Studies examining trends in medical malpractice payouts have revealed that a small cohort of physicians often provide a disproportionate share of payouts in cases involving medical errors. A 2016 study in the Journal of Patient Safety found that, from 1990 to 2015, an outlier group of 1.8 percent of physicians were responsible for half of the $83 billion in medical malpractice payouts over that time period.15 Nearly three quarters of this outlier group faced multiple payouts, and 761 physicians (5 percent of the outliers) had 10 or more payouts.16 Similarly, a 2016 study published in the New England Journal of Medicine (NEJM) found that, from 2005 to 2014, an outlier group of approximately one percent of physicians accounted for 32 percent of all paid claims.17 The authors found an outlier group consisting of physicians with three or more paid claims, where 0.2 percent of all physicians accounted for 12 percent of all paid claims.18 While not the sole contributing factor, membership in this cohort may be influenced by physician specialty, as a separate study published in the NEJM found that five of the top eight high-risk physician types (i.e., neurosurgeons, orthopedic surgeons, general surgeons, plastic surgeons, and obstetrician-gynecologists) had twice the risk of having multiple payouts than other physician specialties.19 These studies concluded that identifying outlier physicians and developing tailored strategies to reduce the risk of medical errors within this cohort could help dissipate the high cost of medical malpractice actions.20

In consideration of current trends related to medical errors, medical liability insurance premiums, claim payouts, as well as the concentration of claim payouts among a disproportionately small number of physicians, industry stakeholders have responded in myriad ways. State legislators and insurers have historically sought to resolve issues surrounding medical malpractice through tort reform measures, most notably by enacting a cap on payments for non-economic damages, e.g., payments for pain and suffering, loss of consortium, and emotional distress. Since California first modeled this approach in 1975 by passing the Medical Injury Compensation Reform Act (MICRA), which enacted a cap of $250,000 for awards based on non-economic damages,21 a majority of states have passed some form of cap on non-economic damages.22 Additionally, state legislators have enacted a variety of other laws related to tort reform, including:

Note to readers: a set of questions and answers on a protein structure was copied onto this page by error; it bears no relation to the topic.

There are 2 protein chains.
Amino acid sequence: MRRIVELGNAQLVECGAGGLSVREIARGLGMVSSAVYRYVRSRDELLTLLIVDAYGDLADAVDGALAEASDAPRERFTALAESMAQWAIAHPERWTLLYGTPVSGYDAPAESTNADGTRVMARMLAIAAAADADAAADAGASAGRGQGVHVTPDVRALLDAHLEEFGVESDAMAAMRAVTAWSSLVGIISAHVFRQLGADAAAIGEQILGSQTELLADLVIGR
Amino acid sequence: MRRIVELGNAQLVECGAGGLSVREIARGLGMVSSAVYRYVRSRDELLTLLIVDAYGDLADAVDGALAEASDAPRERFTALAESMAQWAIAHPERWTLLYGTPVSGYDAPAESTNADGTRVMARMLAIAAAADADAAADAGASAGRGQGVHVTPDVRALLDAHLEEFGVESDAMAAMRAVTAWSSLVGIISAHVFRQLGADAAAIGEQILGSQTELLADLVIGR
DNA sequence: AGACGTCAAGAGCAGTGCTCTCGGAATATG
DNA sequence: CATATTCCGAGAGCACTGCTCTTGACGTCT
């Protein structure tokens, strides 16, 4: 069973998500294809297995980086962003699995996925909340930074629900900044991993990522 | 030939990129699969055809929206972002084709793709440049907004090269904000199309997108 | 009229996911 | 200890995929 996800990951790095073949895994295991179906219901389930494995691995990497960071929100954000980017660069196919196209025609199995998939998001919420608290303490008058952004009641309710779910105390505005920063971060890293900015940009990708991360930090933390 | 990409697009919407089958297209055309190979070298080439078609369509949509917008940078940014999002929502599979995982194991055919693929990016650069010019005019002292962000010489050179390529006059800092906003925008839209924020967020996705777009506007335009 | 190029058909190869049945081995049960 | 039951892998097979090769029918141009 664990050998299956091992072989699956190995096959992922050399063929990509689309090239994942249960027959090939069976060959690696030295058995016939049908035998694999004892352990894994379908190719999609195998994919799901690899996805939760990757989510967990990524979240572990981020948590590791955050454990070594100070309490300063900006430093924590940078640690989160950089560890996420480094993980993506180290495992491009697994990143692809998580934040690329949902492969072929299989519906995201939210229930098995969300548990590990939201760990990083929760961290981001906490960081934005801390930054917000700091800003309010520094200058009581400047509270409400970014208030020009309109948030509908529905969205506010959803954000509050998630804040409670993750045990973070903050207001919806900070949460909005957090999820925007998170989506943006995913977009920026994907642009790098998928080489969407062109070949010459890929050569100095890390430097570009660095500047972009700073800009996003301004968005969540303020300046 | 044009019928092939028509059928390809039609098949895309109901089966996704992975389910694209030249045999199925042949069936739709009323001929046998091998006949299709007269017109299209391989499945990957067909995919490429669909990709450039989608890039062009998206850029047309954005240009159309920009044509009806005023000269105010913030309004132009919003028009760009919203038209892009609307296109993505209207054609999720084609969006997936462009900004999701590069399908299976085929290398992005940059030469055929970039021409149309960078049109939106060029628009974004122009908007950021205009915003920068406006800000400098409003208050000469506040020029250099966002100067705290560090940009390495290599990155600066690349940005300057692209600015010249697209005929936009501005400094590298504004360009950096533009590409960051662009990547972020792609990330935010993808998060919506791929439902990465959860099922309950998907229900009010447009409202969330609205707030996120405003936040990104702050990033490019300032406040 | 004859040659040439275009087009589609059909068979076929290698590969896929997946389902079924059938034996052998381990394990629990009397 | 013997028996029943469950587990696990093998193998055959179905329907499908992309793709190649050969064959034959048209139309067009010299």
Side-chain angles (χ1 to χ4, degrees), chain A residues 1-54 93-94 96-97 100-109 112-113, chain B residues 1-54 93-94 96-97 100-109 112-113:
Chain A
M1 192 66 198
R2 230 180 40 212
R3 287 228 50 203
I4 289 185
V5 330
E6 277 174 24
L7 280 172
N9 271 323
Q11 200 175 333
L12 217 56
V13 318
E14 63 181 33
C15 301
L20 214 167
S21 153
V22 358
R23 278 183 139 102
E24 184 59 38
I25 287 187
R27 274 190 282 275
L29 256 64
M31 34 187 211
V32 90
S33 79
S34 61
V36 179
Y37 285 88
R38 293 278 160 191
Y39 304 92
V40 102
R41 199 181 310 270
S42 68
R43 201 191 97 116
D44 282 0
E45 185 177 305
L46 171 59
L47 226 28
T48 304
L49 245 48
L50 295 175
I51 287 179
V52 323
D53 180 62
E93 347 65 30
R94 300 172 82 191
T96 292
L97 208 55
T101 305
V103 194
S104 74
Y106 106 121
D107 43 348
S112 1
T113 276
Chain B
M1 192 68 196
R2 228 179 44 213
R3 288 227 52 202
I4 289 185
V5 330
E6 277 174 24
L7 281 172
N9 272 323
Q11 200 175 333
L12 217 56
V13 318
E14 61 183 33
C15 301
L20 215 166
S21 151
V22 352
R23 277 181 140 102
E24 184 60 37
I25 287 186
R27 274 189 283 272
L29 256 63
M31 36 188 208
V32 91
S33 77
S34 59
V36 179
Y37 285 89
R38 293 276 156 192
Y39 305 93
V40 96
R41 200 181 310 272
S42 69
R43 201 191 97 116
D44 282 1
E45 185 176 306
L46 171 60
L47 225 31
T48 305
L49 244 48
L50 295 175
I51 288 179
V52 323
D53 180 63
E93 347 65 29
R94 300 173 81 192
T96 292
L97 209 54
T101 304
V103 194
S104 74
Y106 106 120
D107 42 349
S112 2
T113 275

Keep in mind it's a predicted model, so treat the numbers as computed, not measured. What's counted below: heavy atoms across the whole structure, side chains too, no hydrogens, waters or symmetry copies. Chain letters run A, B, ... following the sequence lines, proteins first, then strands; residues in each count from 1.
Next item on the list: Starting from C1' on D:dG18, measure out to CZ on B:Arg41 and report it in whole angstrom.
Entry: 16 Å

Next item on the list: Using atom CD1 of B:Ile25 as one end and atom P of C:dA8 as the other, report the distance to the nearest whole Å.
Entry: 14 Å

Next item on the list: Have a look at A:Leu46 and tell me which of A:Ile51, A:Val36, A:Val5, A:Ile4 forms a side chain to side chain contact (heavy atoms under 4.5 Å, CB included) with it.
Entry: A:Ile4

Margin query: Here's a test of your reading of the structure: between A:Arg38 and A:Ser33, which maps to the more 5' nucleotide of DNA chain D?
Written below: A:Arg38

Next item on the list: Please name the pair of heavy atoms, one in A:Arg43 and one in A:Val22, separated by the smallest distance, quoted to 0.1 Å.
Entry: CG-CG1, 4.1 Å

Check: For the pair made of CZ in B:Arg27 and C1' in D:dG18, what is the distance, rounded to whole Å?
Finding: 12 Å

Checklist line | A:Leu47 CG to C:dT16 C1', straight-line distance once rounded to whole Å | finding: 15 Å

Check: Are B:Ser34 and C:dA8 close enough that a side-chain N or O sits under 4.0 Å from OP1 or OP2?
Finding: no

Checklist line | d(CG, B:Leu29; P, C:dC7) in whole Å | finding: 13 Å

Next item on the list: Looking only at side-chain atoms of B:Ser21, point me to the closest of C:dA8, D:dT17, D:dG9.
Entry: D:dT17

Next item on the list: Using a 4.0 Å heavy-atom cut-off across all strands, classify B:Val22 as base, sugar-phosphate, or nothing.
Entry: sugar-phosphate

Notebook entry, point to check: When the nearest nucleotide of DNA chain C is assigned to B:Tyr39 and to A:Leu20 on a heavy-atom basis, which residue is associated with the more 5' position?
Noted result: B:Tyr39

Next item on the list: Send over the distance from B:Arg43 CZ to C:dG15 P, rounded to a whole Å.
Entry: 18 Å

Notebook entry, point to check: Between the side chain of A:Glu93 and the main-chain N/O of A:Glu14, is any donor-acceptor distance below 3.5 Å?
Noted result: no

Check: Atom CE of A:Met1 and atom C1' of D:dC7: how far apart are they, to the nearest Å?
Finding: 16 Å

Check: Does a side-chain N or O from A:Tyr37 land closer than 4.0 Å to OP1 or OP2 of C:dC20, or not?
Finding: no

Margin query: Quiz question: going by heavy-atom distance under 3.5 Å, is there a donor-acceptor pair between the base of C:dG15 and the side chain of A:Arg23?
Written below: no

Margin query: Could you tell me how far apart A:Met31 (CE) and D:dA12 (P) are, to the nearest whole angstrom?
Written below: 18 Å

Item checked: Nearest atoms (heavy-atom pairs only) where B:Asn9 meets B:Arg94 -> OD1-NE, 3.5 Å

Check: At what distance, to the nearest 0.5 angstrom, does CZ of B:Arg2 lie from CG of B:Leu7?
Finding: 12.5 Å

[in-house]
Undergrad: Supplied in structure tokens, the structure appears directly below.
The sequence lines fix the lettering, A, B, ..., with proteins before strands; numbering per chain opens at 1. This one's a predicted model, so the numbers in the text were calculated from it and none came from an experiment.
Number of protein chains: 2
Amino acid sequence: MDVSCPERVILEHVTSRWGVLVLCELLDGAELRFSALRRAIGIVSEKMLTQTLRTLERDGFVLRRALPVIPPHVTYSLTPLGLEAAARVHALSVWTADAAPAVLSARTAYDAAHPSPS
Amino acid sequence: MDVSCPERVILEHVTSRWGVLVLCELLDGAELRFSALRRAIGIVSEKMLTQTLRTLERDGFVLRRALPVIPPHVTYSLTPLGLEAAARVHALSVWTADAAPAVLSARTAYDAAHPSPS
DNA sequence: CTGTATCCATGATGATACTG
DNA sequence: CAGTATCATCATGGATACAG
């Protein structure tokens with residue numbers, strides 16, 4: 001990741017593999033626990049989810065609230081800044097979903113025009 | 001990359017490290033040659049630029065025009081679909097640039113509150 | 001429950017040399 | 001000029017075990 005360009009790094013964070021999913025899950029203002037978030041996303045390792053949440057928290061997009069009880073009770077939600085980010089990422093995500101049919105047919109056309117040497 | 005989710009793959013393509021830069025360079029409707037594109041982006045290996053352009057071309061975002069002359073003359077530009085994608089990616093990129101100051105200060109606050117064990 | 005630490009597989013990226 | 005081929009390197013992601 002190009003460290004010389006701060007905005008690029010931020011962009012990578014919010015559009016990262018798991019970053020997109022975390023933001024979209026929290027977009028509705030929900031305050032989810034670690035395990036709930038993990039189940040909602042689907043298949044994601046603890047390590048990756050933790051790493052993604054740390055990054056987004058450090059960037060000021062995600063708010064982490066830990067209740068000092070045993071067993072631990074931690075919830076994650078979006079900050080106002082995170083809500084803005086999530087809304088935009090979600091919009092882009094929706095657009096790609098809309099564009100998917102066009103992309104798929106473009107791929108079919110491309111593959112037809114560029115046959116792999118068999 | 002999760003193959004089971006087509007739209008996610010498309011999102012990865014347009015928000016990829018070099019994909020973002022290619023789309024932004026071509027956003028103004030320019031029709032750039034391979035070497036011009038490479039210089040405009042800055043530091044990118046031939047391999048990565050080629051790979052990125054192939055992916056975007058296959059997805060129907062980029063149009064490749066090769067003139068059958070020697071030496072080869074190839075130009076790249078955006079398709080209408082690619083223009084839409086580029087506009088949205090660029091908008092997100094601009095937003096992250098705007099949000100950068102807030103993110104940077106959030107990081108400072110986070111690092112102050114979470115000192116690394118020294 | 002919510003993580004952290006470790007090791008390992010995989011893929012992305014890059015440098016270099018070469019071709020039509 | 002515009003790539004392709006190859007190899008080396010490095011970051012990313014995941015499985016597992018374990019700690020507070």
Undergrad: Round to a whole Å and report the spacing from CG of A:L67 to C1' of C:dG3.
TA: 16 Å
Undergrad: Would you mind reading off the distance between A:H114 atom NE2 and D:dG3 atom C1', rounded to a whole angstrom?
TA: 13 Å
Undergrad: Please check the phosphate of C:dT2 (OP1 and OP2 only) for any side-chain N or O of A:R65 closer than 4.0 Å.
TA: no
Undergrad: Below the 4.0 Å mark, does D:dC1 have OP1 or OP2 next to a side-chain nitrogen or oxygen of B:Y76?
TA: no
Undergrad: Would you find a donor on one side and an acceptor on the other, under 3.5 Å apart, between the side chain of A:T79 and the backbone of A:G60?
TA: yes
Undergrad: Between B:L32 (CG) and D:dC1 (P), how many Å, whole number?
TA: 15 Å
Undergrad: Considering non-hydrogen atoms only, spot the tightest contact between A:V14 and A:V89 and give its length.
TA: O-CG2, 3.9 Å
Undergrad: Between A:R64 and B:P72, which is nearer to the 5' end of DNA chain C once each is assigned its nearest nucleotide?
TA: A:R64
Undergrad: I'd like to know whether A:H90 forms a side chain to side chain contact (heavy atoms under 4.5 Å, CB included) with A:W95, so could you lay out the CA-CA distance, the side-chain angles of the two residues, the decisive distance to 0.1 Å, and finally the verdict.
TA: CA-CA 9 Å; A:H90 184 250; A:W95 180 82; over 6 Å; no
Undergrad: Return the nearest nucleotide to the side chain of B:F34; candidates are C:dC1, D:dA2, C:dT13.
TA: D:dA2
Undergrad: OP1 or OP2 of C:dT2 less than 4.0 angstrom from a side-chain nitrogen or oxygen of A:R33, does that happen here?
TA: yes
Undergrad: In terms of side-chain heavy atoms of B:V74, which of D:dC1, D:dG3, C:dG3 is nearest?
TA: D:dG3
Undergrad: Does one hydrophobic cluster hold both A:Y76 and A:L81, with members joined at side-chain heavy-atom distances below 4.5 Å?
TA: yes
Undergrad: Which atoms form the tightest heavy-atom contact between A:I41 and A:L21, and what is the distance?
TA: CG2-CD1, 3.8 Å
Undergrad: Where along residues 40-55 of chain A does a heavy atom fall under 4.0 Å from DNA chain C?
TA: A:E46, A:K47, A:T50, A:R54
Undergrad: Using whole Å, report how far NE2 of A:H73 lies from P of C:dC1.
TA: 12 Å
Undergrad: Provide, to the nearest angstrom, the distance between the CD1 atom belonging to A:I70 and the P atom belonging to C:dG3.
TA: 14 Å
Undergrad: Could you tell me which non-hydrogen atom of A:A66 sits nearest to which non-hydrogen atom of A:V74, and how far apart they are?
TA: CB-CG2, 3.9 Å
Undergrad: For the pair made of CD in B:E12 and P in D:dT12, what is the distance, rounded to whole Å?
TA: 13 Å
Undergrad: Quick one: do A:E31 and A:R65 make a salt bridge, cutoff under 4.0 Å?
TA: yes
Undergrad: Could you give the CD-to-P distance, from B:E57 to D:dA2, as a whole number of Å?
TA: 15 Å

1. Establishing statutes of limitations on claims made by plaintiffs;23 
  2. Enabling or enhancing the ability of defendants to countersue claimants who file frivolous lawsuits;24 
  3. Implementing compensation programs outside of the courts to handle malpractice cases;25
  4. Increasing the standards for admission of expert witness testimony;26
  5. Implementing reforms aimed at the healthcare delivery process in an attempt to reduce medical errors;27 and,
  6. Establishing honesty policies for full disclosure of errors through “apology laws,” which “prohibit the use of a physician’s apology as an admission of fault” when a court adjudicates a medical malpractice case.28 

Despite their prevalence, non-economic damage caps have faced scrutiny from state judicial systems, forcing legislators to readdress the issue. In particular, state supreme courts have struck down caps on non-economic damages in at least eight states,29 with the Illinois Supreme Court striking down three separate statutes.30 Ohio and Oklahoma courts have specifically struck down damages caps in medical malpractice cases involving wrongful deaths, but allowed other caps.31 Additionally, five states have constitutional prohibitions on damage caps,32 and Texas was forced to pass a constitutional amendment in order to enact a medical malpractice damage cap.33 Missouri’s original cap on non-economic damages, passed in 2005, was struck down in 2012 by the Missouri Supreme Court due to concerns about the law limiting a person’s right to a trial by jury; in response, the legislature reenacted the cap in 2015, with the bill seeking to alleviate the concerns raised by the Court.34